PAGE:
Silicon Valley Bank's assets and liabilities have been bought by First Citizens Bank & Trust, a North Carolina–based bank that has been quietly growing over the last decade, now one of the 20 largest banks in the United States. First Citizens is taking on $110 billion in assets, $56 billion in deposits and $72 billion in loans from SVB, which failed this month after questions arose over the security of its deposits and a flood of account holders began withdrawing all their money in the span of just a few hours.
The deal includes SVB's wine division, which has been providing financial advice and services to West Coast wineries in recent decades. More than 400 wineries are SVB clients, and the bank currently holds almost $1.2 billion in loans to wine clients.
What does the deal mean for SVB clients?
For starters, their money is secure. First Citizens executives say all SVB branches will be open and that account holders can use their existing debit and credit cards. When the Federal Deposit Insurance Corporation (FDIC) took control of SVB on March 10, the federal government guaranteed the security of all accounts within a few days. But the long-term picture for the bank was cloudy. The FDIC invited large banks to explore purchasing SVB's assets. Several looked at the financials before First Citizens made the deal.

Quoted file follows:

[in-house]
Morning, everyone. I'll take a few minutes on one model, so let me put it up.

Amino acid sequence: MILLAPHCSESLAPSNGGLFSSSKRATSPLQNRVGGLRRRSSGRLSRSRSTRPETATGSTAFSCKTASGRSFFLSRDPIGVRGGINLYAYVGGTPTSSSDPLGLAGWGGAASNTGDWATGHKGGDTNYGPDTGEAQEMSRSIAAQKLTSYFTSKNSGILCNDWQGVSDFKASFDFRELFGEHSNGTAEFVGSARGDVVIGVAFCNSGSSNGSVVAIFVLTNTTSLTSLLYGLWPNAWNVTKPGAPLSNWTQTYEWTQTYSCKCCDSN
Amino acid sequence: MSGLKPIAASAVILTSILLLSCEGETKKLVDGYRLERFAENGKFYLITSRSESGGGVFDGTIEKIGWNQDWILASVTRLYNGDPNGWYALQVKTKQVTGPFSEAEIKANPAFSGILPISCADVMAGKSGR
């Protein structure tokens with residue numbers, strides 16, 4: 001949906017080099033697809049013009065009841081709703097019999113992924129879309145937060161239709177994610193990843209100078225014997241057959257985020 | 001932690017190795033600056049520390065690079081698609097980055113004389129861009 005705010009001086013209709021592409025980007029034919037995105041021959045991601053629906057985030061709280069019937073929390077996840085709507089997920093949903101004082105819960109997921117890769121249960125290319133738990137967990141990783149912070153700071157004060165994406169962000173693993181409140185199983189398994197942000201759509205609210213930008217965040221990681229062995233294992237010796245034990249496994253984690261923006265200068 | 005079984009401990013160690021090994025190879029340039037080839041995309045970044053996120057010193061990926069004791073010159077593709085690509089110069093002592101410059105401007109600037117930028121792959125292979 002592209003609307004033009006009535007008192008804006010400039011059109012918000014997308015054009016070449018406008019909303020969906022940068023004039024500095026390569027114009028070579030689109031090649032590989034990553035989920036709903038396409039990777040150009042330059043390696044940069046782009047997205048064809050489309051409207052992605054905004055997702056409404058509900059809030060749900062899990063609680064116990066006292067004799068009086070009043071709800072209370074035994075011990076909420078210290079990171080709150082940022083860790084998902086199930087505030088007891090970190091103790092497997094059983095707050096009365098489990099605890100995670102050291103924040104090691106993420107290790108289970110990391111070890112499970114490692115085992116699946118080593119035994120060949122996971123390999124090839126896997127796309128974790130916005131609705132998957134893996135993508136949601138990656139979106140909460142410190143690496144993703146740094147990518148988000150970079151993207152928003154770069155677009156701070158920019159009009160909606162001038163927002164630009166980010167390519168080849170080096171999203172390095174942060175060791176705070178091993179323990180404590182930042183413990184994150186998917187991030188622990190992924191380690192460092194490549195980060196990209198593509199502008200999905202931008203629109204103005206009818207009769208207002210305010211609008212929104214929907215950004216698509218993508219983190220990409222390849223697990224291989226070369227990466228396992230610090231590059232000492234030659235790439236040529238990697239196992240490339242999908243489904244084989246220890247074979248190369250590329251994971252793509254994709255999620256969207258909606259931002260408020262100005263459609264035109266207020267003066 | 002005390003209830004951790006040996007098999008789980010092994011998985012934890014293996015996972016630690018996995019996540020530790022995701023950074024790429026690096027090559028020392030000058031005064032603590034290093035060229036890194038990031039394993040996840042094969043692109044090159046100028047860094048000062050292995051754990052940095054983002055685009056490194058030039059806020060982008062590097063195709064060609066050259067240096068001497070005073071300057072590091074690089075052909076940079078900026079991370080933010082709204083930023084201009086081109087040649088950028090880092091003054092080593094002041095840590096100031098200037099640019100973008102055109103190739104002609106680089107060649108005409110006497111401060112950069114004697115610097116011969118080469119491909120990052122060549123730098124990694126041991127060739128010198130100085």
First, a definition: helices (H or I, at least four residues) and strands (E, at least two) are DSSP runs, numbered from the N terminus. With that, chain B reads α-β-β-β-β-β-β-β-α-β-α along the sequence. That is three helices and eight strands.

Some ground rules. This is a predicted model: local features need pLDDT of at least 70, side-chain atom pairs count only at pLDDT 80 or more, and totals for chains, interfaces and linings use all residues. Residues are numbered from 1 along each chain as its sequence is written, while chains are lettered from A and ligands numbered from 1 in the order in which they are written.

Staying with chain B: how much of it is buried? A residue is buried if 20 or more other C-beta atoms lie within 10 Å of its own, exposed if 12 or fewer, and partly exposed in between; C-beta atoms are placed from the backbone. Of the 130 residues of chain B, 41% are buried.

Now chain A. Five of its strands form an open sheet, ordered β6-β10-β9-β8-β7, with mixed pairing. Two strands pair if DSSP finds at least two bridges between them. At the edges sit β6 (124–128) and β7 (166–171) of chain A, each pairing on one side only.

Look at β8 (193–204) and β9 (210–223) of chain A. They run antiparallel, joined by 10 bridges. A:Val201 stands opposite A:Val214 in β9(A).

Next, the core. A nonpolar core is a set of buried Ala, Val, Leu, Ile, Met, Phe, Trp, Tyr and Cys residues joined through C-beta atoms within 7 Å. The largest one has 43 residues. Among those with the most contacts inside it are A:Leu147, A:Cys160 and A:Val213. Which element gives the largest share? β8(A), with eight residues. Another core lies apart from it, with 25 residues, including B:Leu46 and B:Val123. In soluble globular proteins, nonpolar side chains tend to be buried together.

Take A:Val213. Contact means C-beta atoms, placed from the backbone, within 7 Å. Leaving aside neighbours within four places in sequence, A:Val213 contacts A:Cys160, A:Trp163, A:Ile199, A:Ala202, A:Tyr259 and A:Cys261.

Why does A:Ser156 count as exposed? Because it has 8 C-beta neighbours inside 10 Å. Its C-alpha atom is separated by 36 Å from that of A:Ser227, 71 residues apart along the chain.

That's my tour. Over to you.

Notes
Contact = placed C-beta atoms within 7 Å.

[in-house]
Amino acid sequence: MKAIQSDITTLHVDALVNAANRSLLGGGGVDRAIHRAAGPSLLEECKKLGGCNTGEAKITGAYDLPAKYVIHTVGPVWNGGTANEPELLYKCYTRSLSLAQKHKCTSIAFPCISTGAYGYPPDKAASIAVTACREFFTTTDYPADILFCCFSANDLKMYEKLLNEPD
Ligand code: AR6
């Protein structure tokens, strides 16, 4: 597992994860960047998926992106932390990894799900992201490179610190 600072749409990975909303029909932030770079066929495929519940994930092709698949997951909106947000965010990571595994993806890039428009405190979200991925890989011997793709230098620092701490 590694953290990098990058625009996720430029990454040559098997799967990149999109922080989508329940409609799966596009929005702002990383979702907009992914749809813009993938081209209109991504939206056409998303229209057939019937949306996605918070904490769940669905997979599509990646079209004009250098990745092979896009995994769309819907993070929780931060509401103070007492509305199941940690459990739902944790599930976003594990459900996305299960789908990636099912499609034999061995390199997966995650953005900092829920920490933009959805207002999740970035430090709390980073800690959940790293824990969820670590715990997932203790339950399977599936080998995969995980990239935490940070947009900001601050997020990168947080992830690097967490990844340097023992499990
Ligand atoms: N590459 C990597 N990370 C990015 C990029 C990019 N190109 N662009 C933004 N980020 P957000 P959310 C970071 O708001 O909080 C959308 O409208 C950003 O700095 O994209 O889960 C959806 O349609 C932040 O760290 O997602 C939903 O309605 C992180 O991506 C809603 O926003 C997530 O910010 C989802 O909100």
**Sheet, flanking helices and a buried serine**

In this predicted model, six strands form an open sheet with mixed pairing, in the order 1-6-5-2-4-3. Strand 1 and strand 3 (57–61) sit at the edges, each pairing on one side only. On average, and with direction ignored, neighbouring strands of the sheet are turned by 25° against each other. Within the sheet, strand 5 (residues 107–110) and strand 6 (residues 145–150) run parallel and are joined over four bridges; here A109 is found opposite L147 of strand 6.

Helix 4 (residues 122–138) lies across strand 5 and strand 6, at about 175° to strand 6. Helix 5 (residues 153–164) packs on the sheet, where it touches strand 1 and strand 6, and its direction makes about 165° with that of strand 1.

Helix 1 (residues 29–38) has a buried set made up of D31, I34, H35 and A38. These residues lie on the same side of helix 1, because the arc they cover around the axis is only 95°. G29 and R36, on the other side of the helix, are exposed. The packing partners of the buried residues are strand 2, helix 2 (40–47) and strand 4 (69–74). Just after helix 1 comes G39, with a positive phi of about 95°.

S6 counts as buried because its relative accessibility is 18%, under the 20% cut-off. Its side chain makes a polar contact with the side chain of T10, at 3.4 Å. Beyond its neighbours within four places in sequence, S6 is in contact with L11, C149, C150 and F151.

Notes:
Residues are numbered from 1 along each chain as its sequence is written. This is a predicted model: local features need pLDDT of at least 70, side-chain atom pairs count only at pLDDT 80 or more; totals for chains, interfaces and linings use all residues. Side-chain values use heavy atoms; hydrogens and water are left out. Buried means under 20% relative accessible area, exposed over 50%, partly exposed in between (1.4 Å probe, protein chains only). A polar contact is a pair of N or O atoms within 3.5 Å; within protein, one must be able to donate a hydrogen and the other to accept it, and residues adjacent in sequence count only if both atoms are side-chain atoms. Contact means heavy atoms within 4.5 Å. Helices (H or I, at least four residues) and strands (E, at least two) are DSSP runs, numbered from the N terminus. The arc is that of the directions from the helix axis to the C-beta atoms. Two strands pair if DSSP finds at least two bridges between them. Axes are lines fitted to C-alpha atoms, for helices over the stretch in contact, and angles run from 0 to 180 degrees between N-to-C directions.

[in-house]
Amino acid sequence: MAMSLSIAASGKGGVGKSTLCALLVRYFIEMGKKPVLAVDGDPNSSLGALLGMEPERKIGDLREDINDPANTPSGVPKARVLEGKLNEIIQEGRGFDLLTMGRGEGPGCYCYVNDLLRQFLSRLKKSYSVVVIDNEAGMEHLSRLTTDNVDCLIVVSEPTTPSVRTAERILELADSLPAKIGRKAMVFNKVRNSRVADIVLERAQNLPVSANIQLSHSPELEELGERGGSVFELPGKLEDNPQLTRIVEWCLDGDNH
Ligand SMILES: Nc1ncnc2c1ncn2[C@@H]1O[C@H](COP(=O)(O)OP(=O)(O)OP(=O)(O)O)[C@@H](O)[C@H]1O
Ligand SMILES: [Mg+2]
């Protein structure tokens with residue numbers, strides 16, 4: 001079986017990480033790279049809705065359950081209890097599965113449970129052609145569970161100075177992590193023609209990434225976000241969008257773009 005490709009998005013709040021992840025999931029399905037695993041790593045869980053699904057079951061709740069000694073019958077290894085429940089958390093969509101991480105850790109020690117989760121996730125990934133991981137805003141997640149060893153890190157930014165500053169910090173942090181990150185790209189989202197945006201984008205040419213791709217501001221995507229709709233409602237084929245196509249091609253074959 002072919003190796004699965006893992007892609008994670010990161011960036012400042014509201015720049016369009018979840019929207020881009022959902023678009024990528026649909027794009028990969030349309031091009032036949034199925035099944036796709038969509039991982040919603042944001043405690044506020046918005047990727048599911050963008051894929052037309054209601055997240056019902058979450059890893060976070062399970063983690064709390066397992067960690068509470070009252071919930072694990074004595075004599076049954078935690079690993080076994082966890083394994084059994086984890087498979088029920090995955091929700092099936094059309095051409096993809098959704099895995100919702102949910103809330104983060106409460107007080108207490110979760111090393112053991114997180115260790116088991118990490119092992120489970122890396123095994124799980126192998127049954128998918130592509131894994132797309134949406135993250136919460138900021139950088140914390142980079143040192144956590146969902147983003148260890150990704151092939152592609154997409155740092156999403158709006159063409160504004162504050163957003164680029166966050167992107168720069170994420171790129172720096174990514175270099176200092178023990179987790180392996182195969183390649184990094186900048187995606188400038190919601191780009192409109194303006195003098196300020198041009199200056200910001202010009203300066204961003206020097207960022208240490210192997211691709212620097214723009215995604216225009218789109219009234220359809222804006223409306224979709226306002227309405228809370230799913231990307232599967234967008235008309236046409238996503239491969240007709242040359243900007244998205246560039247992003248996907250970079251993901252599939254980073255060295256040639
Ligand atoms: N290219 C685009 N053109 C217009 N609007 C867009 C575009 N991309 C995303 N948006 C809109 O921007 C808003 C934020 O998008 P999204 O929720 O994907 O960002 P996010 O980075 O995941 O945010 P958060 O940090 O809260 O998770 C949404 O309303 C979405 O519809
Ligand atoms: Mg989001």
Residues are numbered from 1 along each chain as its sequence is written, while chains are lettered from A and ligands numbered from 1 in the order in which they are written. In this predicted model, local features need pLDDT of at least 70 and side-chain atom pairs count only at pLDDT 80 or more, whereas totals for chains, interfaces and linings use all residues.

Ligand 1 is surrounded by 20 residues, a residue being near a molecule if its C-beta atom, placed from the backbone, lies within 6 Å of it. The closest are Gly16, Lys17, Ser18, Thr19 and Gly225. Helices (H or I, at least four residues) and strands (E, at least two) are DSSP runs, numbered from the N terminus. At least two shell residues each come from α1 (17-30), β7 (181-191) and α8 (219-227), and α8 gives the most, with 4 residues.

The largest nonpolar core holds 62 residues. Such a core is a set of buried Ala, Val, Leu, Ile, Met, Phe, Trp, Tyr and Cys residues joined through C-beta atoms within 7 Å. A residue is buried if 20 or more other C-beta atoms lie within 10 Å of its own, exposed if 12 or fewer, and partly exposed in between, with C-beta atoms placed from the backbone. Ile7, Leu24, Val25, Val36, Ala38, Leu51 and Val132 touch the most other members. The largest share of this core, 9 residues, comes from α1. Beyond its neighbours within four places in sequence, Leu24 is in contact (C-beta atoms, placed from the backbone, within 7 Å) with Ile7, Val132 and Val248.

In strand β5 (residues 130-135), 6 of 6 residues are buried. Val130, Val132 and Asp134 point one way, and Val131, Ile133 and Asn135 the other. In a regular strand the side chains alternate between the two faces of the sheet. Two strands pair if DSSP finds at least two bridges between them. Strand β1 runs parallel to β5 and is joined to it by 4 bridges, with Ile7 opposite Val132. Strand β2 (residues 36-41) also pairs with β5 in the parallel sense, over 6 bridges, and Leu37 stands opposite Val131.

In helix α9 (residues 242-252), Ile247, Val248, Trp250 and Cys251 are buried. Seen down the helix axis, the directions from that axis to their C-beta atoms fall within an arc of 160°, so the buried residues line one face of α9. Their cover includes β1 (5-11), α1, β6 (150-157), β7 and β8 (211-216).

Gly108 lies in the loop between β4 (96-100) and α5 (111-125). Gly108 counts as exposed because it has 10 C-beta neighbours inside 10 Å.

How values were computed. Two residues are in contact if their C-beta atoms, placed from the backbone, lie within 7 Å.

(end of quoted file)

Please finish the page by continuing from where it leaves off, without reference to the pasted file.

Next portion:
First Citizens paid nothing up front. Instead, it gave the FDIC equity appreciation rights in First Citizens stock, which could be worth up to $500 million when cashed out. With roughly $209 billion in assets today, First Citizens has grown rapidly since 2009, in large part by scooping up troubled banks such as SVB. Many of its assets are in North Carolina and South Carolina, but the bank has expanded dramatically on the West Coast.
What about the wine division?
Anyone buying SVB could have decided to take or leave the wine division; the bank is primarily known for its work with the tech industry. Rob McMillan, founder and head of SVB’s wine division, said some banks inquired about buying the wine division separately. But he's just happy it has a new home. "We don't have many details, but we know that [the wine division] is included," McMillan told Wine Spectator about the deal.
McMillan believes that First Citizens could be a good fit for the wine division. First Citizens already has a large agricultural portfolio, with farming clients on both the East and West coasts. "Likely it's a lot of family farms, which gives them an appreciation for what [SVB does] in the wine industry,” he said.
"The other thing that's encouraging is this company has a track record of making acquisitions of banks that have different business lines,” McMillan added. “It's a good indicator that integration will work more toward keeping the businesses as they are versus coming in and making wholesale changes."
Stay on top of important wine stories with Wine Spectator's free Breaking News Alerts.